Image Courtesy: Giovanna Baldini

Those suffering from SAD often have issues assimilating into peer groups and keeping long-standing friendships. They often sweat, tremble, and display increased heart rates in crowded social settings, and have a hard time interacting with people. They often feel excluded and unwanted in their peer groups, and often become lonely. Social Anxiety Disorder is inseparably linked with depression when the severity of symptoms displayed is particularly high.

Feeling Sudden Pangs of Panic and Manic Behaviour: Panic Disorder

Anxiety Disorders are characterised by feelings of angst and impending doom in response to situations that are ‘stressful’ in the classical sense, and in those involving extensive social interactions. Panic Disorder differs from Anxiety Disorders in that it is characterised by more sudden, transient symptoms.

People suffering from Panic Disorder experience panic attacks that induce acute physical symptoms that can often lead to severe stress on the body. These include a highly accelerated heart rate accompanied by palpitations, trembling of the limbs, sweating and shortness of breath.

People suffering from a panic attack often feel that a situation is out of their control at that point in time, and often feel unfit to deal with simple situations. They develop an impending sense of doom about the re-occurrence of a panic attack, and often avoid physical spaces where they have experienced such attacks in the past.

When one thing leads to another: Agoraphobia and OCD as a by-product of Anxiety

Anxiety Disorders are related to other mental conditions as well. A prolonged display of anxiety, or the progressive severity of an already existent Anxiety Disorder can lead to the development of conditions such as Obsessive Compulsive Disorder (OCD), Agoraphobia and depression as well.
Obsessive Compulsive Disorder is often a response to acute anxiety over a prolonged period of time. OCD is characterised by repeated performance of rituals such as cleaning or arranging objects in a certain manner. These recurrent tendencies or rituals are often developed as coping mechanisms to enable an individual to forget event o r occurrences associated with their anxiety.

They develop these habits and rituals in order to rid themselves of stress and divert their concentration. However, OCD is definitely not an effective ‘coping mechanism’ for anxiety, since it is a sort of disorder in itself that forces an individual to behave a certain way or perform certain acts in order to ‘de-stress’ themselves.

OCD can manifest in several ways. One of them is an obsession with orderliness. Image Courtesy: Azzaelea

OCD can manifest in several ways. One of them is an obsession with orderliness. Image Courtesy: Azzaelea

On the more ‘social’ end, SAD can lead to the development of Agoraphobia in severe cases. Agorahpbia is characterised by a total avoidance of social situations where an individual feels they might embarrass themselves. This arises from the ‘perceived social inability’ that a person experiences when they suffer from Social Anxiety Disorder.

Thus, by attributing a sense of incompetency in social situations with themselves, these individuals develop an avoidant nature towards such situations, leading to the development of more ‘withdrawn’ behavioural patterns. Situations like standing in a crowd or a line, or using public transport become fearful for individuals who develop Agoraphbia.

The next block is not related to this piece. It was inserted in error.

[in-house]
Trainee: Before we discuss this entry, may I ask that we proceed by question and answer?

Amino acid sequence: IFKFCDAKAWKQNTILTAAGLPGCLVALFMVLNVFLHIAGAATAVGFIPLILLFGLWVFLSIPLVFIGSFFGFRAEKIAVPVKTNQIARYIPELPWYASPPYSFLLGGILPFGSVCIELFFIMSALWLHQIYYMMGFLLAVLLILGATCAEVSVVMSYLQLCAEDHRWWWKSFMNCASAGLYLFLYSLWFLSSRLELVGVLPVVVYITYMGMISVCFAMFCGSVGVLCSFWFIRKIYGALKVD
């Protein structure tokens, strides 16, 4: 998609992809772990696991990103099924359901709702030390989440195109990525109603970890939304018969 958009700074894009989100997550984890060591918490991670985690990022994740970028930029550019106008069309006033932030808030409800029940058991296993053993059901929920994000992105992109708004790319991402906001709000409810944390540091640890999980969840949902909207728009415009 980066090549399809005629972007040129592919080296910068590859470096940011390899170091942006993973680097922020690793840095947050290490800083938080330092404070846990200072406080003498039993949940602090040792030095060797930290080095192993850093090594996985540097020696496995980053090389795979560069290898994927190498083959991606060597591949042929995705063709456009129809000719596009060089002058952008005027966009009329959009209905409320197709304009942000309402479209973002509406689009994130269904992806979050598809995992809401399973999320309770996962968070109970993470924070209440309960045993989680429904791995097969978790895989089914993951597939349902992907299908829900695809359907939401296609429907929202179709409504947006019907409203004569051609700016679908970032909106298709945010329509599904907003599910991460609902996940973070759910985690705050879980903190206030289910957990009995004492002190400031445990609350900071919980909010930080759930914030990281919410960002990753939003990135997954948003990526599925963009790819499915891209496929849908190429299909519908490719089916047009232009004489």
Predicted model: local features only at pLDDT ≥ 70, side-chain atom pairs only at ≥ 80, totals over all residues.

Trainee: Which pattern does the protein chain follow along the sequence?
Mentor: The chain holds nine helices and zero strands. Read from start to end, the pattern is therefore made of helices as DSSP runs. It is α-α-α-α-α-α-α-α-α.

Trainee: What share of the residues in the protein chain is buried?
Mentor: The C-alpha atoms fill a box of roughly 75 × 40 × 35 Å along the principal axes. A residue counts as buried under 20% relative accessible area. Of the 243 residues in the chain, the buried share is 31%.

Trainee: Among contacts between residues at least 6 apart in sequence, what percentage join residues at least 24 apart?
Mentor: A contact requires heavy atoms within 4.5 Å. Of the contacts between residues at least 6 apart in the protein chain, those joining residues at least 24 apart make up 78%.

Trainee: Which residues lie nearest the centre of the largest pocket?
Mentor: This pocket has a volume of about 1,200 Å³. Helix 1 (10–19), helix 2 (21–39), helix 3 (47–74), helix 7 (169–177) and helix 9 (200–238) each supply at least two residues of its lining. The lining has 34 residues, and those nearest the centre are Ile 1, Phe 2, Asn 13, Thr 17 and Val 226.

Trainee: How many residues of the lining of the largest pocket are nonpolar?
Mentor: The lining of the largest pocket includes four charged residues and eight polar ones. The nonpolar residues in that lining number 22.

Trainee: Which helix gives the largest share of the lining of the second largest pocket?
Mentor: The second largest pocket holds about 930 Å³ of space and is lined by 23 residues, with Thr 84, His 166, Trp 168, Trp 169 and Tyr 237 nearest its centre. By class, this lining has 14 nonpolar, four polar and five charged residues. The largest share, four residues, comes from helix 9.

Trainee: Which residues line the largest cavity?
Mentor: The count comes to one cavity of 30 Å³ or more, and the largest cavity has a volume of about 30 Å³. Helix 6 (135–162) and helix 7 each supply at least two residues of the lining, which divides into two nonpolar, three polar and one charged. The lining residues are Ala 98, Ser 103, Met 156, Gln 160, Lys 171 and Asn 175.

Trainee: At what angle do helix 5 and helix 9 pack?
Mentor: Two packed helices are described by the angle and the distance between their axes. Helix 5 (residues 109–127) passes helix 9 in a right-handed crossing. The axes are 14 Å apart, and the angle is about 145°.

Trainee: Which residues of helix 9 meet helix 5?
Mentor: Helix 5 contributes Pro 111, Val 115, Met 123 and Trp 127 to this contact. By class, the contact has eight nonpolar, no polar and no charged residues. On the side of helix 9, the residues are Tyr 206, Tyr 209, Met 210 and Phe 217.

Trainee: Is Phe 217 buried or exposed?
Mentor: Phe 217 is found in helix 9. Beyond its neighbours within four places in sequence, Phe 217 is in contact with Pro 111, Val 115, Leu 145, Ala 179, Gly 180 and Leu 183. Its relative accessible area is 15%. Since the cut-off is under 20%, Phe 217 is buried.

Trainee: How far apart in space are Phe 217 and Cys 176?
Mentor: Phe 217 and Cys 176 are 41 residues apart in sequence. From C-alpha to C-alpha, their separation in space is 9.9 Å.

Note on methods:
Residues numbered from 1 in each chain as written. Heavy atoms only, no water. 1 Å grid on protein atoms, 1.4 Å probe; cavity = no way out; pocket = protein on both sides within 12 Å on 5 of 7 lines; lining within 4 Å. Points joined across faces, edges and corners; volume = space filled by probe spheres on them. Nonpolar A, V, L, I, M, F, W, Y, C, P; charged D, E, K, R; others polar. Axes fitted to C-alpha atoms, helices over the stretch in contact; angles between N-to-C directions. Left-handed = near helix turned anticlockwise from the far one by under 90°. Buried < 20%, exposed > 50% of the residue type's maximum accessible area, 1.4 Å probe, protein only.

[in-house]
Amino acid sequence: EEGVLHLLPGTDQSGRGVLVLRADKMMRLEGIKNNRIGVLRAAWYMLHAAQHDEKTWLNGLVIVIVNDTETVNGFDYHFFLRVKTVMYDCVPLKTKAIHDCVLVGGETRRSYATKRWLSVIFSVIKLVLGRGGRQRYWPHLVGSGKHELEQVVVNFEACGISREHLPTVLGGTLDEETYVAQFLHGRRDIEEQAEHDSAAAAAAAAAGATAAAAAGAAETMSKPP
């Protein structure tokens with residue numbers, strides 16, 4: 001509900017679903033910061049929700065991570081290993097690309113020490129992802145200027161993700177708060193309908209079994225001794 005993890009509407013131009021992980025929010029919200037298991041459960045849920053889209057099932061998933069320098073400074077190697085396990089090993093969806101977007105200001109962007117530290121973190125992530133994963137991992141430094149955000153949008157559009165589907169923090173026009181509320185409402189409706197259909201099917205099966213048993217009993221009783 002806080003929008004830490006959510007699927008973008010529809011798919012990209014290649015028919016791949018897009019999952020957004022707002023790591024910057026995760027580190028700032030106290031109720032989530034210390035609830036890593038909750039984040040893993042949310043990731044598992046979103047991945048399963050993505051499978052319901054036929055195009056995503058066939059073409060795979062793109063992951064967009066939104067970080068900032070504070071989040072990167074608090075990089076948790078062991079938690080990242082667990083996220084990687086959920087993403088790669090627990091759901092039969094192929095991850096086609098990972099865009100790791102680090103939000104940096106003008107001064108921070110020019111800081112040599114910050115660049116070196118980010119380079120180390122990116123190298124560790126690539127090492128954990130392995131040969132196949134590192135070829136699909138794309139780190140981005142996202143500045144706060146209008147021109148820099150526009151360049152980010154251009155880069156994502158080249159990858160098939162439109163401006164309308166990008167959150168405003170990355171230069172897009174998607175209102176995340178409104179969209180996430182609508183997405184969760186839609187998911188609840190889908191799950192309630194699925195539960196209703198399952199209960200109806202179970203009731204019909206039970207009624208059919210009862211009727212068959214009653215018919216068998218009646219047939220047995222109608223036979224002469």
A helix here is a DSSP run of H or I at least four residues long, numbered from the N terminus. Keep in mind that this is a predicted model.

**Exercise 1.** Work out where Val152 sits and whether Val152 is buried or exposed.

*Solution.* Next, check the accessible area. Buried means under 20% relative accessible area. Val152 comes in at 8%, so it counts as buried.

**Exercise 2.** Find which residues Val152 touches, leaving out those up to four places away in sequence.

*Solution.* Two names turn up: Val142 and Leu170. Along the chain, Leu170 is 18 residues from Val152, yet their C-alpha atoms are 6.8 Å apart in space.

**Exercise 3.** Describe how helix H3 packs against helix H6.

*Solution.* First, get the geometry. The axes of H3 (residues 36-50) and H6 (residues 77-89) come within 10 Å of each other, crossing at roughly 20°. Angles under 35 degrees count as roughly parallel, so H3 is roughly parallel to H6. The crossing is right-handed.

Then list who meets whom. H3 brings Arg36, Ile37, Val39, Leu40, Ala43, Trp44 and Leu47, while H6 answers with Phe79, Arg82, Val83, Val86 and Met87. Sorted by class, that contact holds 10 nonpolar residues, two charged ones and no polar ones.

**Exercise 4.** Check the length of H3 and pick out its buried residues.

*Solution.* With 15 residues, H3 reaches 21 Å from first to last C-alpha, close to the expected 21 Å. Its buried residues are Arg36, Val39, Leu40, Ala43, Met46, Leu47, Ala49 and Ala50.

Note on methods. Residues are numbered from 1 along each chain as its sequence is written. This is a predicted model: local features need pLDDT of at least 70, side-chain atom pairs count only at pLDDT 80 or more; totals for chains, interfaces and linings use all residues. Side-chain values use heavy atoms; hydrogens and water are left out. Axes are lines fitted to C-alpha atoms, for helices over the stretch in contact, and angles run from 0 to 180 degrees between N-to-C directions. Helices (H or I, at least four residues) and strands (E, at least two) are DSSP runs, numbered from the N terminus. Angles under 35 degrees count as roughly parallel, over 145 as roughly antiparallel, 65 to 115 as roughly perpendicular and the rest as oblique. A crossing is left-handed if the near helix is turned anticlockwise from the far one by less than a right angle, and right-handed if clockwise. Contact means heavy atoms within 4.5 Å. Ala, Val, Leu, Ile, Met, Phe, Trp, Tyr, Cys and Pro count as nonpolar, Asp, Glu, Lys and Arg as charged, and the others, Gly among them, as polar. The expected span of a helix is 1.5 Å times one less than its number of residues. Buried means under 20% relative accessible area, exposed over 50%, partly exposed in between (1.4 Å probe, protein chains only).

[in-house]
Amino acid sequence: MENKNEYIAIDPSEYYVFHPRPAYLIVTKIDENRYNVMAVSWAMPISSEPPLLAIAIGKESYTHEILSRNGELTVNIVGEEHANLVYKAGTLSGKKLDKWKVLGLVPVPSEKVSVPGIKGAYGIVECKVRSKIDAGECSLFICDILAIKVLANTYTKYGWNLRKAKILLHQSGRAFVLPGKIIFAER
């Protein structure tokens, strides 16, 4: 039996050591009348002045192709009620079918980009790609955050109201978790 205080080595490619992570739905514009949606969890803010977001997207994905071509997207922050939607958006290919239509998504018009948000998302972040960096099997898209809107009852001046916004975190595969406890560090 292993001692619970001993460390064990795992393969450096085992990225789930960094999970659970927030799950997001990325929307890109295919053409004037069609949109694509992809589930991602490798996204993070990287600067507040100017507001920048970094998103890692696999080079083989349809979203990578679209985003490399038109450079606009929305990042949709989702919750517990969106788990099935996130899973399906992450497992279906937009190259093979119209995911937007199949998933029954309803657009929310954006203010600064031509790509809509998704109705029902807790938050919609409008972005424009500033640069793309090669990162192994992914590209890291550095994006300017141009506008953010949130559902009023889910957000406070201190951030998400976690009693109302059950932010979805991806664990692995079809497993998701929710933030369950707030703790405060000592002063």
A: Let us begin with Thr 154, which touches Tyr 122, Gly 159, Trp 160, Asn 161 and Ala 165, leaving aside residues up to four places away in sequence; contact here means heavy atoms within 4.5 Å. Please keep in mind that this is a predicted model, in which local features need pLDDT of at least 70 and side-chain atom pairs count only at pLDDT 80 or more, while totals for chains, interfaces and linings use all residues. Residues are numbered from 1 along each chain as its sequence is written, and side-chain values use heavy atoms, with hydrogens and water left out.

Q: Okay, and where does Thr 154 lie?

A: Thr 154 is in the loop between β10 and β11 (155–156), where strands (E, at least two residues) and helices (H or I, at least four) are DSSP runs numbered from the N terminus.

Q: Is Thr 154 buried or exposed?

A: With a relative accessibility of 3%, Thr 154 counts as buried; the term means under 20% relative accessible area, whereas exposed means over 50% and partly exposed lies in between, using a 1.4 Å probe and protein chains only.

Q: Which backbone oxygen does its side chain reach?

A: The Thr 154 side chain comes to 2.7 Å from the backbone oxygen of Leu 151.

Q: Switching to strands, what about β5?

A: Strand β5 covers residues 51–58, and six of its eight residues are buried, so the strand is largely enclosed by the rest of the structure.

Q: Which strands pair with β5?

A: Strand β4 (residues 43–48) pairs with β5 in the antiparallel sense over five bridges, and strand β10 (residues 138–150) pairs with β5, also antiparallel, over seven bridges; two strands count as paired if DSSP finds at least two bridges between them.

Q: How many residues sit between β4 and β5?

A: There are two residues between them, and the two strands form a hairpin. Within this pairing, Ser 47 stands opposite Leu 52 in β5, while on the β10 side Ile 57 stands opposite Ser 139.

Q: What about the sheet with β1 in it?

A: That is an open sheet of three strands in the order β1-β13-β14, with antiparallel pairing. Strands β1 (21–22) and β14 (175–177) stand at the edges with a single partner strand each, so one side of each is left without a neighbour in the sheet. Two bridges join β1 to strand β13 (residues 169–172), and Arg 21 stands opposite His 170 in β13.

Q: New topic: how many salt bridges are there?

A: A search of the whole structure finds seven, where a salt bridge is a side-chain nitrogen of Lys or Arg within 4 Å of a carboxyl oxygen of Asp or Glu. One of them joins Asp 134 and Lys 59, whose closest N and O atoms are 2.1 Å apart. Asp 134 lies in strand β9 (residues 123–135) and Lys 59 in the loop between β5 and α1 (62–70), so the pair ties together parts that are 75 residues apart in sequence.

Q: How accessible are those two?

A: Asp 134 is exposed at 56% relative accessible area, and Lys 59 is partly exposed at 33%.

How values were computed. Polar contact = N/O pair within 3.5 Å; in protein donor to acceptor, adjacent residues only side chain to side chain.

Why is it so Important to Treat Anxiety Disorders?

From the aforementioned arguments, it is clear that Anxiety Disorders are not experienced in isolation, especially when the severity is high. They can lead to a host of mental conditions when left untreated for long periods of time.

It is extremely necessary to provide timely treatment to Anxiety Disorders at the personal and professional level, since there are several risk factors associated with leaving these conditions unattended to. When these disorders are left untreated, there is often a progressive spike in the degree and severity of symptoms displayed by an individual, which may further hamper their activities of daily life. In extremely severe cases, there may be a large strain on the nature of relationships with peers and family members, leading to sharp declines in self-esteem and self-efficacy in dealing with one’s own problems.

Those suffering from severe anxiety also become more prone to consuming alcohol and narcotics to fill the existential void that appears in their lives as a result of this anxiety. This may also lead to a decline in productivity of an individual at school or the workplace. Thus, when left untreated, Anxiety Disorders can lead to a slippery slope of events that often end in absolute ruin in an individual’s internal and external environment. Thus, it becomes extremely important to treat anxiety disorders in a timely manner in order to ensure that an individual’s mental and social faculties do not reach a point where they cannot revert back to normal.

What you can do on a day to day basis to deal with Anxiety?

There are obviously formal psychological interventions specially designed to deal with anxiety disorders. However, it is also important to cope with such disorders through the implementation of certain simple strategies in one’s daily life.